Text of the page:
He describes Anant as “a bit of an exception”
in the modern generation. “He is earning a lot of respect from the industry. On work ethic, I am pretty tough actually; he has to prove more than what a normal man would have to prove in the company for him to earn respect,” Viveck says. “He has to outshine what we have done, and go beyond that.”
This is the pressure that Anant Goenka returned home to, in 2010 from the US. Armed with the experience of visiting several global newsrooms, an academic internship at Bloomberg and a Master’s degree in print journalism from University of Southern California, he joined the family business with a plan that he hopes will shape an inevitably altered future.
He is convinced that the time is right for Express’s digital business to expand beyond print—into fields of entertainment, radio and “anything a little more youthful”. The motive is not just to tap market demand. “Money is a factor. Everything has to have a financial thing behind it,” Anant points out. “I am not saying I don’t like money.”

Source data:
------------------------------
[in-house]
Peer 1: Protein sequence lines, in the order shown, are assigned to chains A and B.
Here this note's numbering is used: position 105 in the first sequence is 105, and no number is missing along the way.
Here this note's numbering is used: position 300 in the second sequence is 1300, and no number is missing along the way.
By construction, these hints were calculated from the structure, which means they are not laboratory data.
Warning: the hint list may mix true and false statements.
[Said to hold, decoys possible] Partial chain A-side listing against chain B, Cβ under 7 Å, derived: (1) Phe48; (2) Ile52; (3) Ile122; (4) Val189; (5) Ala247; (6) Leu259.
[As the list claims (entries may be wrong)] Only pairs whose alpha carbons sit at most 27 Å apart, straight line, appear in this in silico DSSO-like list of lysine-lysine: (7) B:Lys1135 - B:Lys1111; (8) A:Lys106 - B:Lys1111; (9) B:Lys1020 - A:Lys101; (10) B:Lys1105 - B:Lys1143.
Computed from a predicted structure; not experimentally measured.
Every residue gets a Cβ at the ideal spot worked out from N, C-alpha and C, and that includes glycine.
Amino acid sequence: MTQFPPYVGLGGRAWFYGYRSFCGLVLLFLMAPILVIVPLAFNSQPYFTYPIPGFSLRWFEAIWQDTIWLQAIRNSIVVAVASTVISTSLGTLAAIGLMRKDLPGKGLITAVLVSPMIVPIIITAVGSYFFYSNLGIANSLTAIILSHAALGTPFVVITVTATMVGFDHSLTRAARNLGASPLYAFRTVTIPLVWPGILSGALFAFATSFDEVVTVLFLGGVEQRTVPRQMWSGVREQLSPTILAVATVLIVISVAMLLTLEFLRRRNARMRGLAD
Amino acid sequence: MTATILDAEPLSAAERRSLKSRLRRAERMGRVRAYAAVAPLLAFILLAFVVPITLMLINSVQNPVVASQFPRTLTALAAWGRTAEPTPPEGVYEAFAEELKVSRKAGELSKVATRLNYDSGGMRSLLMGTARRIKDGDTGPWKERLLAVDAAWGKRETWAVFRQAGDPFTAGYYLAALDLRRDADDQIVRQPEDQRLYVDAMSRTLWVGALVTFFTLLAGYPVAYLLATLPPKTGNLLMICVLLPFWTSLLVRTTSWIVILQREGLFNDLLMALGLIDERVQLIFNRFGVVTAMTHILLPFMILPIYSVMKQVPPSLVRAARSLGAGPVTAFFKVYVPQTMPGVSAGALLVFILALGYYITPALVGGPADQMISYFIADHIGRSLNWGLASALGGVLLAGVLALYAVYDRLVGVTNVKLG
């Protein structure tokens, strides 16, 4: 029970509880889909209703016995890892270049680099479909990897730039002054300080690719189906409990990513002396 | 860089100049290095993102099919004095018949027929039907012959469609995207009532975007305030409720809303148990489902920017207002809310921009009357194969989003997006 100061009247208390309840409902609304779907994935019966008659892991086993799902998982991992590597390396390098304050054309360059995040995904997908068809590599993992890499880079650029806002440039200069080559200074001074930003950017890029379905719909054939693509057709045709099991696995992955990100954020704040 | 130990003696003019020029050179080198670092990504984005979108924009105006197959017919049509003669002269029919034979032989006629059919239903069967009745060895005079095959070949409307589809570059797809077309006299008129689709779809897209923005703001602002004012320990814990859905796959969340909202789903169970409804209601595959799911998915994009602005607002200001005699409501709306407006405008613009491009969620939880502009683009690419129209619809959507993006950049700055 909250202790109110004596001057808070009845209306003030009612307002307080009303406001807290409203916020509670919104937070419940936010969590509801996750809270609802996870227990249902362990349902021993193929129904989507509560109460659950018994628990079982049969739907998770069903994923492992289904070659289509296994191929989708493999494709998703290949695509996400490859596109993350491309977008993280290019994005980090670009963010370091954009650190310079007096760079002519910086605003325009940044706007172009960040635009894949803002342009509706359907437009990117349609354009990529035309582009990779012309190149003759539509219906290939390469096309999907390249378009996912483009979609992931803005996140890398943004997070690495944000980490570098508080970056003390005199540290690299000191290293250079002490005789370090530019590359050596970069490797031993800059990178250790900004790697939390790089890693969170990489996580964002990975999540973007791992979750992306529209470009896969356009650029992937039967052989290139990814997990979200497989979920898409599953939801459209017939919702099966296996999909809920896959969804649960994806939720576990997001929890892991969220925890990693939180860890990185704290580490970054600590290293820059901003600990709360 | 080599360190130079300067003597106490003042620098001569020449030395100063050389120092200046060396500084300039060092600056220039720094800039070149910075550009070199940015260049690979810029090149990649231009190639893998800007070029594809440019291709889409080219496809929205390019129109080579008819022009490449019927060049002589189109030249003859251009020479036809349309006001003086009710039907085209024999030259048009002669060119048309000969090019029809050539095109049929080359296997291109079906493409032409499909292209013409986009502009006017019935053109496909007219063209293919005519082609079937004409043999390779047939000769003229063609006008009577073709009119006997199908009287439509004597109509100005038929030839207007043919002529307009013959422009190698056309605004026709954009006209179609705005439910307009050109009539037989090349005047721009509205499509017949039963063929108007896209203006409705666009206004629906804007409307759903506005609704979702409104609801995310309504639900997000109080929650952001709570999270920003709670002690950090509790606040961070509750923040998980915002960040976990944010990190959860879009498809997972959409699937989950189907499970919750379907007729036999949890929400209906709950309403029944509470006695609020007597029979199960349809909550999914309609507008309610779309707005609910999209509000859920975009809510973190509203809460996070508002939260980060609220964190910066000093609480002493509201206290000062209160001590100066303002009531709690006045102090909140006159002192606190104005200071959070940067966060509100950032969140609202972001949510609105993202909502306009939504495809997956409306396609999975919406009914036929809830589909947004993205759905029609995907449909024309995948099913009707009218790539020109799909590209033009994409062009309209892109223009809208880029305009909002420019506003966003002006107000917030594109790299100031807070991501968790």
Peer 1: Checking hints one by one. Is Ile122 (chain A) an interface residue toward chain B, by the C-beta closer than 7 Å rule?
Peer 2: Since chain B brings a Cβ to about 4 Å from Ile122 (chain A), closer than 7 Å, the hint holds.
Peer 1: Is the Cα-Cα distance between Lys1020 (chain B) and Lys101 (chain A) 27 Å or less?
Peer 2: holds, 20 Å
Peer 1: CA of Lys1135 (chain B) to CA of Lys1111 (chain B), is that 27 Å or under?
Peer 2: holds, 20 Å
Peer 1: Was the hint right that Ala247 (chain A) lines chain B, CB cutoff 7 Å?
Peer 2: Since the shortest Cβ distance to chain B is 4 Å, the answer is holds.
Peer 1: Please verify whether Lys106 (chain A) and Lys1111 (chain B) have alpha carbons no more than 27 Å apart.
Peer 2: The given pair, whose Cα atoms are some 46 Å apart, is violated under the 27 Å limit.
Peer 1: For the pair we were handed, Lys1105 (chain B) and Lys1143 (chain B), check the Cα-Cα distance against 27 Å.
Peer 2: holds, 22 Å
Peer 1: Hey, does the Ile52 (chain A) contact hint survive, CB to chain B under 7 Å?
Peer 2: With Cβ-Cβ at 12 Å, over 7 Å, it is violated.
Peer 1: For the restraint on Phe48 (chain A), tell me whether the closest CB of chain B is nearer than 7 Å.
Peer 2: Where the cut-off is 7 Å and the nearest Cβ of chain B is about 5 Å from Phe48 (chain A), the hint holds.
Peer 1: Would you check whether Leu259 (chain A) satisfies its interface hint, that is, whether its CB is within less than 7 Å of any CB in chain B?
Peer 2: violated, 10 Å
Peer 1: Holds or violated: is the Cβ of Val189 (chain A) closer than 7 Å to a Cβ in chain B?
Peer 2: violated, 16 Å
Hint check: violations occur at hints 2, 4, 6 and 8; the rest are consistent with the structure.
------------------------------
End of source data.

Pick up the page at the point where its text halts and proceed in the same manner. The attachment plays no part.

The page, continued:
This statement may sound odd coming from a Goenka. Consider that Indian Express—founded by Ramnath Goenka on a call from Mahatma Gandhi in the 1930s for a national, English newspaper to unite India in the freedom struggle—has long been respected for its journalism-first, rather than profit-first, ideology.
But there is no dichotomy as far as Anant is concerned. “Truly independent journalism is one that is financially sustainable and growing,” he says.
By the same token, he also acknowledges that they could “make more money, grow more, add more products to our stable if we were a business-first company”. “But we’re a journalism-first news company. There’s no point changing that,” says Anant, adding, “it would be bad business sense to change who we have been for the last 75 years.”